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New president settles in at Angel Medical

fr gorbyFor someone who has spent most of her life in Ohio, moving to the mountains of Western North Carolina has been a dream come true for Karen Gorby.

“I absolutely love it. It’s great to wake up and see the mountains,” she said. “I think my family is getting sick of me posting pictures on Facebook all the time.”

Gorby moved to Franklin about two months ago to continue her long health care career at the helm of Angel Medical Center. As the new president and Chief Nursing Officer, she is responsible for overseeing patient and nursing care at the rural hospital. It’s a role she is quite familiar with after working at large health care systems in Ohio. Most recently, she served as the administrator and CNO at Mercy Memorial Hospital, which is the largest health care provider in the Ohio. 

Gorby received her nursing degree from Saint Josephs College in Maine and her master’s in business administration from Wright State University in Ohio. As the oldest of five children, she said nurturing others was always something that came naturally for her — making a career in nursing a perfect fit. 

“Anytime someone got hurt, I was the one to help them,” she said. “I never wanted to do anything else. To be a nurse you have to have that passion and it has to be what you’re meant to do.”

While nursing was her first passion, she found being a hospital administrator allows her to have a larger impact. While a nurse can have an enormous impact on a couple of patients at a time, an administrator can have a larger influence over the health care system. 

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“As a leader, you can look at the system and at how you can affect change for the entire patient population and a community,” Gorby said.


Forging ahead

Before she even arrived in Franklin, Gorby said she came up with a 90-day plan for her new position. The first thing on her list was getting to know her staff at Angel Medical and getting out in the community to connect with other leaders and health care providers. With the rapid changes happening in the health care industry, she said it was important to be aware of the services available in the community and figure out what the opportunities are.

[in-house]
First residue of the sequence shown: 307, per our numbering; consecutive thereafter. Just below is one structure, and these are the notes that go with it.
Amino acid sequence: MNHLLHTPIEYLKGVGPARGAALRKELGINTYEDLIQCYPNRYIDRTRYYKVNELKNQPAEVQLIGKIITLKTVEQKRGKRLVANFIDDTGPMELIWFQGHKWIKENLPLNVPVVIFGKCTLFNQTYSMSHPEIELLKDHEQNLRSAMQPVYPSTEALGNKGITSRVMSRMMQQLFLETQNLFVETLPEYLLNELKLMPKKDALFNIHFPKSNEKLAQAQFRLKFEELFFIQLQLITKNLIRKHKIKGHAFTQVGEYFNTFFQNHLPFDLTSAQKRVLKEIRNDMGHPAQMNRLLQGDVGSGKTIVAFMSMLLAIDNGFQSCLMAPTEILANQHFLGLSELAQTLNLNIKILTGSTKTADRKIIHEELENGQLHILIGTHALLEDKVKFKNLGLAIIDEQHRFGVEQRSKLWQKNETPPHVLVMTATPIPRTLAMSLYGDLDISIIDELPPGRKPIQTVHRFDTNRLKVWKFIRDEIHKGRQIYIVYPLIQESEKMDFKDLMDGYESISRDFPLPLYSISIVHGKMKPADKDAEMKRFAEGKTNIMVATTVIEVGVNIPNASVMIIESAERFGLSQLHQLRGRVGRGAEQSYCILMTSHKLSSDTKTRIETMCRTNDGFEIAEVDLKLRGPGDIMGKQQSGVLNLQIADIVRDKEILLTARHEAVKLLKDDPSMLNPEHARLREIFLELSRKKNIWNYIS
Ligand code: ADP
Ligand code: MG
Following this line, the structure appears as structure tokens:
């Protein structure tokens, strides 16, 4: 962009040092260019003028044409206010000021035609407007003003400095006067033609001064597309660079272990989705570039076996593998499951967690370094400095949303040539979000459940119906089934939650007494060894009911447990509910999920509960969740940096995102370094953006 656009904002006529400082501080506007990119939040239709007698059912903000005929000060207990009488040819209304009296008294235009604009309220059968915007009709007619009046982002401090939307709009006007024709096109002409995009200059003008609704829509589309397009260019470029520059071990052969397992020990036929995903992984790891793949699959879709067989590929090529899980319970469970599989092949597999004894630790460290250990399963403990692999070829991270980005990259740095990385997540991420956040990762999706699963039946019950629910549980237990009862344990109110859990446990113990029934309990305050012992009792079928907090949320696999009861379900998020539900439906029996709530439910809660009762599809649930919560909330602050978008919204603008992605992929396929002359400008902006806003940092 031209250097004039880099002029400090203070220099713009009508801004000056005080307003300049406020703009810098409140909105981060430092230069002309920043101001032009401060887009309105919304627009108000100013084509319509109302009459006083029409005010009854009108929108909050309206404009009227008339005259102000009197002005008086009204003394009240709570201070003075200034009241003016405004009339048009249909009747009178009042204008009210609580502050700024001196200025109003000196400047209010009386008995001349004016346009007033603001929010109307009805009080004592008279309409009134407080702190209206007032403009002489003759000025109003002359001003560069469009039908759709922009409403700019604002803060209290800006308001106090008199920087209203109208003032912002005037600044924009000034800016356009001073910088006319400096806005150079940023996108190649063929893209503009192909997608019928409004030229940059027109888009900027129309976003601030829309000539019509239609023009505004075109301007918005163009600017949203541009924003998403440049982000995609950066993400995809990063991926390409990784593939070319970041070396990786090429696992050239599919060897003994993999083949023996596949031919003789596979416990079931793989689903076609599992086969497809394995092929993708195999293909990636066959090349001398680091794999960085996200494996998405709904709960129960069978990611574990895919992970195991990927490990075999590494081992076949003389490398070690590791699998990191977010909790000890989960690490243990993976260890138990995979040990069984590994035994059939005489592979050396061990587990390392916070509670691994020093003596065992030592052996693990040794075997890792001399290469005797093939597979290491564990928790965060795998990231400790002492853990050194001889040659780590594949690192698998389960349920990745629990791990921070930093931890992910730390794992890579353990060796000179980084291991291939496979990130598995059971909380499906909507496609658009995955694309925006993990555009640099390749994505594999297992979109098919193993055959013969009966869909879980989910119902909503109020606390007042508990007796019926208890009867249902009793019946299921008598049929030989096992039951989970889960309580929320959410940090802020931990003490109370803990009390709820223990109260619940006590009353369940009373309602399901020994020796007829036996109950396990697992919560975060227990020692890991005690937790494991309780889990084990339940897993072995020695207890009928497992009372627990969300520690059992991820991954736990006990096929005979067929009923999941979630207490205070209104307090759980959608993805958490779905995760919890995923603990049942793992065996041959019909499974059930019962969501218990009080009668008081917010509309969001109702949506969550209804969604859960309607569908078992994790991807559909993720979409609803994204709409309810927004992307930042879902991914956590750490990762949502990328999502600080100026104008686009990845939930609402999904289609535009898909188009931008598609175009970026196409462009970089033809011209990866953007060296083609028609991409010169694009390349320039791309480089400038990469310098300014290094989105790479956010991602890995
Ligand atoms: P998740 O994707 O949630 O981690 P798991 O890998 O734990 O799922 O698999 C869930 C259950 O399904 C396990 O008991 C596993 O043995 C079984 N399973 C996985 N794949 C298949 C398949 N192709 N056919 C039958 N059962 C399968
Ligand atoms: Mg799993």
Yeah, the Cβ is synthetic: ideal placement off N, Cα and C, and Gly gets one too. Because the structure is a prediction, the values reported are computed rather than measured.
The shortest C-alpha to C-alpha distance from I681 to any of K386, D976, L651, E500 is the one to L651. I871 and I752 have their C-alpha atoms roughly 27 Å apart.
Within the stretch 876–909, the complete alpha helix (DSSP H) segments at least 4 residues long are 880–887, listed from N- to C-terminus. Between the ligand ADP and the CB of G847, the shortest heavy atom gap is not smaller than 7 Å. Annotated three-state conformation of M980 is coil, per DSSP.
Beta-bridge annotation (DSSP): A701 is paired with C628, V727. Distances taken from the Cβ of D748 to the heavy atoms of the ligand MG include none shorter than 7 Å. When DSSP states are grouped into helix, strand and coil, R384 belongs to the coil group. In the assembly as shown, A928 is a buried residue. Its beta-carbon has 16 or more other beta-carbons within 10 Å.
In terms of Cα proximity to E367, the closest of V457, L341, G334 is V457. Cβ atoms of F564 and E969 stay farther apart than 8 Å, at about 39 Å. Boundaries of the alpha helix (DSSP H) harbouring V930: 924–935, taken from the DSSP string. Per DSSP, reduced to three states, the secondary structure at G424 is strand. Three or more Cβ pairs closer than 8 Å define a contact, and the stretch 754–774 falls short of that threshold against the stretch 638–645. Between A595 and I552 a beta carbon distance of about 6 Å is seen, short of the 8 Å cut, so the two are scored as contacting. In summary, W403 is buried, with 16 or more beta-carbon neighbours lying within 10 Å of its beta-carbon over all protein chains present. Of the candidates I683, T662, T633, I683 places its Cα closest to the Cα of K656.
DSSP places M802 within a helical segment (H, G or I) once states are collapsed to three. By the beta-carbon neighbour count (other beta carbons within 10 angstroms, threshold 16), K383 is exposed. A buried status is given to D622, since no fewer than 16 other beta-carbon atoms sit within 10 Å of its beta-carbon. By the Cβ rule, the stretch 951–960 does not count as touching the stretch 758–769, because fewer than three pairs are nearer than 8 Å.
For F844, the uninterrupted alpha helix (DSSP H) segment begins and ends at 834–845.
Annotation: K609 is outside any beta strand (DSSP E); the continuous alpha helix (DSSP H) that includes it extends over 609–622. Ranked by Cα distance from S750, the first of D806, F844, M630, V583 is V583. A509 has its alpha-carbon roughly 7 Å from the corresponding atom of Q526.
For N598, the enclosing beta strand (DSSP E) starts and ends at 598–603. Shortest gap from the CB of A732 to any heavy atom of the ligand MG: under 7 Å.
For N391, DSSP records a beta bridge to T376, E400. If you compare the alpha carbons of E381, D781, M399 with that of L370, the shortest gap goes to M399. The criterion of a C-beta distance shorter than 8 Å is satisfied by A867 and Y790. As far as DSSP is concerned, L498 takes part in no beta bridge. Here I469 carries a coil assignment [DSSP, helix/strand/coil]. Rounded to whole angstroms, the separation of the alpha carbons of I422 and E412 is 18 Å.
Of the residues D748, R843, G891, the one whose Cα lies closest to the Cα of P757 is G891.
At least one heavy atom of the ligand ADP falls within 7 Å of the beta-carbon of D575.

“Our goal is to keep people healthy, but we don’t want to duplicate other services in the community,” she said. “We want to look at how we connect with those organizations to keep people healthy and educated.”

Another goal was to work on some recruiting for a more permanent nursing team as opposed to traveling nurses. With one more nursing manager joining the team this month, Gorby said that goal is close to being accomplished. Having a permanent team will help with continuity and also build more trust in the community. 

“That will be key in moving forward and continuing to elevate the quality of care,” she said. “There’s been a lot of change here and we need to get back to having permanent people here to stabilize the leadership team.”

One of AMC’s strengths, Gorby said, is the staff already in place. She has found everyone to be engaged and committed to learning new ways to do their job even better. But even the staff has been a little hesitant over whether Gorby is here to stay or just passing through like the others before her. When asked by a staff member whether she would be staying in Franklin, Gorby quickly said, “Yes, I already bought a house.”


About Angel Medical

Angel Medical Center is a not-for-profit critical access hospital under the Mission Health umbrella. As a rural health facility, AMC can only have 25 inpatients at any time and employs about 250 people. The full-service hospital serves Macon County and surrounding areas. Because of its isolated location and large aging population, Gorby said AMC plays a vital role in the community. 

“Our population is the second oldest population in Western North Carolina and with that comes a lot of high blood pressure, diabetes, high cholesterol, which means people are more prone to having strokes,” she said. 

Gorby was pleased to report a major accolade AMC recently received that tells her the hospital is moving in the right direction. iVantage recently included AMC in its list of Top 100 Critical Access Hospitals in the nation. It was only one of three North Carolina hospitals to make the list.

“That looks at our market penetration, our quality patient experience and financial performance,” Gorby said. “With 700 other critical access hospitals in the country, it’s really an honor.”

Gorby said the community has been very supportive of Angel Medical, but she has fielded many questions about Mission’s role in the local hospital. While the Asheville-based health system operates AMC and five other hospitals in the region, Gorby said Mission gives AMC the flexibility to make local decisions that are best for the community.

“Mission is our foundation. They help us do what we need to do for the community and enable us to make sure we have the tools to provide high-quality care,” she said. 

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